Ambient

News from the Conning Tower: GOATS ‘Far Out’

Next month we have another big release, the much anticipated new album from experimental supergroup GOATS.

Far Out is GOATS’ second album, and it is a different beast from the first album. There has been a change of personnel, and this time the album is a single 38 minute piece; chief goat herder Alan Morse Davies describes it as a song cycle, more of which later.

We’re leading with a cassette release for this album; digital formats will be available from our Bandcamp store and selected other platforms. Note that due to the continuous nature of the music, the cassette is single-sided, so the second side is free to do with what you will. We recommend trying to record your favourite tracks from the top forty, but without the DJ’s voice on the intros.

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There are already some excellent reviews of ‘Far Out’ (like Albert E. Trapezoid and Mystic Tape Deck which both brilliantly capture the spirit of Far Out, but if clicking on those links is way too tricky, here’s the SBC take: Far Out is like a journey, or perhaps a trip (remember kids, drugs are bad!) where you’ll encounter found sounds, shimmering ambient canvasses, complete songs, bent circuitry, all overlapping and merging, occasionally crystallizing into focus before disappearing from view and being replaced with something new. It’s experimental, but accessible, Dadaist but emotional. Go with the flow, let it wash over you, drink deep and you’ll discover a truly unique work of art.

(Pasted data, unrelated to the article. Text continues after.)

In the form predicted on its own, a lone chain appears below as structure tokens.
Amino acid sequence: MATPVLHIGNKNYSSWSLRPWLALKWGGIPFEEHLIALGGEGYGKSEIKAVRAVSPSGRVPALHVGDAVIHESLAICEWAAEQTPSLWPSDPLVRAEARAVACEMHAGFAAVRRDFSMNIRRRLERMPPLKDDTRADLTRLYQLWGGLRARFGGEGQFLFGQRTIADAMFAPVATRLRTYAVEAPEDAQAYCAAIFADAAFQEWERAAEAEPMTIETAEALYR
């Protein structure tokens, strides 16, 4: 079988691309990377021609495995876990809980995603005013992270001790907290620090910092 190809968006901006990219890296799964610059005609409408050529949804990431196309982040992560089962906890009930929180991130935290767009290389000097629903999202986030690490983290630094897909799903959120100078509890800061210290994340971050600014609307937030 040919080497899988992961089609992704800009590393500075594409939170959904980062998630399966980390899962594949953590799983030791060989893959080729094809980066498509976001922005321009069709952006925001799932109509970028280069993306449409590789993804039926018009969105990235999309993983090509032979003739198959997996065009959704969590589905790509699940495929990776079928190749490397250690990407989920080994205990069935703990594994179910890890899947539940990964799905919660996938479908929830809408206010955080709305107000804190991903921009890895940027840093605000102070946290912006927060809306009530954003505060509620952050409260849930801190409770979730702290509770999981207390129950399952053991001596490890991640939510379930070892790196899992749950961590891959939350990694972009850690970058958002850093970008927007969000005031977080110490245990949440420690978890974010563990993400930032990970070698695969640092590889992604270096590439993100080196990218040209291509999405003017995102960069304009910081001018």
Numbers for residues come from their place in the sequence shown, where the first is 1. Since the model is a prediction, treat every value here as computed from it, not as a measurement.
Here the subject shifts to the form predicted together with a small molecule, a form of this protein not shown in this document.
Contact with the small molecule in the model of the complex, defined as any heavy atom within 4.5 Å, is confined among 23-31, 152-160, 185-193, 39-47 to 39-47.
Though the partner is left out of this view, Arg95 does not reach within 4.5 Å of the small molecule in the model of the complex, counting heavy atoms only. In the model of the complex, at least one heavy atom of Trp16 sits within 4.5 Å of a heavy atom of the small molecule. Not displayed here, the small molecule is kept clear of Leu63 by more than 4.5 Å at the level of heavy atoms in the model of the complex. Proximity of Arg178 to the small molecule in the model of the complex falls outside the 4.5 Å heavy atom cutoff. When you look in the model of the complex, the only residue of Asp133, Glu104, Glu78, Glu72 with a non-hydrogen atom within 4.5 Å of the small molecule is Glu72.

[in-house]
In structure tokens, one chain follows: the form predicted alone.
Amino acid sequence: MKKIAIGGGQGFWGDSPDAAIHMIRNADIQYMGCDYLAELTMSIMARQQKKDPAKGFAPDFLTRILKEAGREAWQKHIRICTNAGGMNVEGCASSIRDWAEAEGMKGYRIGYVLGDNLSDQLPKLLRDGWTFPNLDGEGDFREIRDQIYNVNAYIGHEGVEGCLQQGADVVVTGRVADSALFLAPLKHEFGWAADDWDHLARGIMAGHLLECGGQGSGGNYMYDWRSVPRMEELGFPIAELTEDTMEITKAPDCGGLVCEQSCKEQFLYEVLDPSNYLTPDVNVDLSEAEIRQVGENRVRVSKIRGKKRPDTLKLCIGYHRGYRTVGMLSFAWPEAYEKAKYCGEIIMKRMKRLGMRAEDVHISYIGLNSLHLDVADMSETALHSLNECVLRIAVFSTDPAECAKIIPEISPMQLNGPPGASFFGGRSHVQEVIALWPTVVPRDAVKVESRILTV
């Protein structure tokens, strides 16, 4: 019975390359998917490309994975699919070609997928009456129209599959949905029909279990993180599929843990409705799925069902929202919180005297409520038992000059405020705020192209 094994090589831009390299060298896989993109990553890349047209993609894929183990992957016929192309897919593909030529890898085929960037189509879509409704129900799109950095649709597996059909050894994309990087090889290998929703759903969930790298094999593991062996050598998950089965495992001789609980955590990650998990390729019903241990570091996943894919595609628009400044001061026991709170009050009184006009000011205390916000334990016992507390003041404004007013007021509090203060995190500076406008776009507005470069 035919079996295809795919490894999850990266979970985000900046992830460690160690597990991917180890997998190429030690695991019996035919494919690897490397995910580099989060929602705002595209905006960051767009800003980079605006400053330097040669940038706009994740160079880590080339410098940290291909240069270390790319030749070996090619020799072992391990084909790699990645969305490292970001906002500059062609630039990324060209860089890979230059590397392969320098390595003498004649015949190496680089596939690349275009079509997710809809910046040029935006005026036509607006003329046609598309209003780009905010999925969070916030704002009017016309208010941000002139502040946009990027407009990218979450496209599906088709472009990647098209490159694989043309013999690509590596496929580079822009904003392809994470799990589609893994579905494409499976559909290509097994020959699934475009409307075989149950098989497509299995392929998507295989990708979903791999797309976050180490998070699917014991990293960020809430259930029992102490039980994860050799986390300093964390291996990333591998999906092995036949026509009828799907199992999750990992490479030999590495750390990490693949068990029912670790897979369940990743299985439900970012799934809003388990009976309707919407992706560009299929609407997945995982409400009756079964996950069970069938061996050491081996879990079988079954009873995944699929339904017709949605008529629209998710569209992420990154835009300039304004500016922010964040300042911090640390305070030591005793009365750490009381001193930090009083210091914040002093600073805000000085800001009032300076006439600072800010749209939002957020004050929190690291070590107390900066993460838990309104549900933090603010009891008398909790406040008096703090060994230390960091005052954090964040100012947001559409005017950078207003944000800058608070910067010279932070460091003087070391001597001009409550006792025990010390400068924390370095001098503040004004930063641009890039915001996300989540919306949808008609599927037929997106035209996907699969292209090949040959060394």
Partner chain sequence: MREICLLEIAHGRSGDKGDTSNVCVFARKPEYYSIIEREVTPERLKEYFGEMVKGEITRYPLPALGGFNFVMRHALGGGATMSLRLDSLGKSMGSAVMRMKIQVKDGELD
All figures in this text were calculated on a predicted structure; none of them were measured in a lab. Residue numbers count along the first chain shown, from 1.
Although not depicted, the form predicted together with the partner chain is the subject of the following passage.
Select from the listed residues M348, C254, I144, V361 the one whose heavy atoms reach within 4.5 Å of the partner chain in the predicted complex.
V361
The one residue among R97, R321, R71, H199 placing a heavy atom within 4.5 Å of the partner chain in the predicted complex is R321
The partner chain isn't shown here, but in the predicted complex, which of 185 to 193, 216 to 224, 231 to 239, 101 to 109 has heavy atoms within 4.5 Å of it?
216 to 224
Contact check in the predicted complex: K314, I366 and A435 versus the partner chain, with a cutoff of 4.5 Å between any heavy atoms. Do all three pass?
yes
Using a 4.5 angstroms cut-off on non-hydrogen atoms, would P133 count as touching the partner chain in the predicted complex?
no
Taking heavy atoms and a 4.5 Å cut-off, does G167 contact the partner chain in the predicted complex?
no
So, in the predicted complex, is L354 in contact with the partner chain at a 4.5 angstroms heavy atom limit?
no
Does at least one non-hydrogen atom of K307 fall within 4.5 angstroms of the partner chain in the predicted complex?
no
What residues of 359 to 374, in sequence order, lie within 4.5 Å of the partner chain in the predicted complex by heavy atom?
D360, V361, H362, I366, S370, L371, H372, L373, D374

Available at special pre-order prices here.

 

News from the Conning Tower: t.r. hand and Glauber K. de Souza

Ah, autumn, season of mists and mellow fruitlessness. Our release for the tail end of September is ‘Suburban Solitude’ from our resident mystic t.r. hand in collaboration with Glauber K. de Souza of the Amao Quartet.

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The album contains the field recordings and sound collages you’ve come to expect from t.r hand, but taken in new directions with electro-acoustic instrumentation from Glauber K.S.

It’s a meditative and subtle work, one that demands to be listened to at length; a soundscape that needs to envelop you and move you.

We’re delighted that this work has already picked up a positive reception; most of the tracks are too long to be radio-friendly but this album will reward the listener that seeks it out.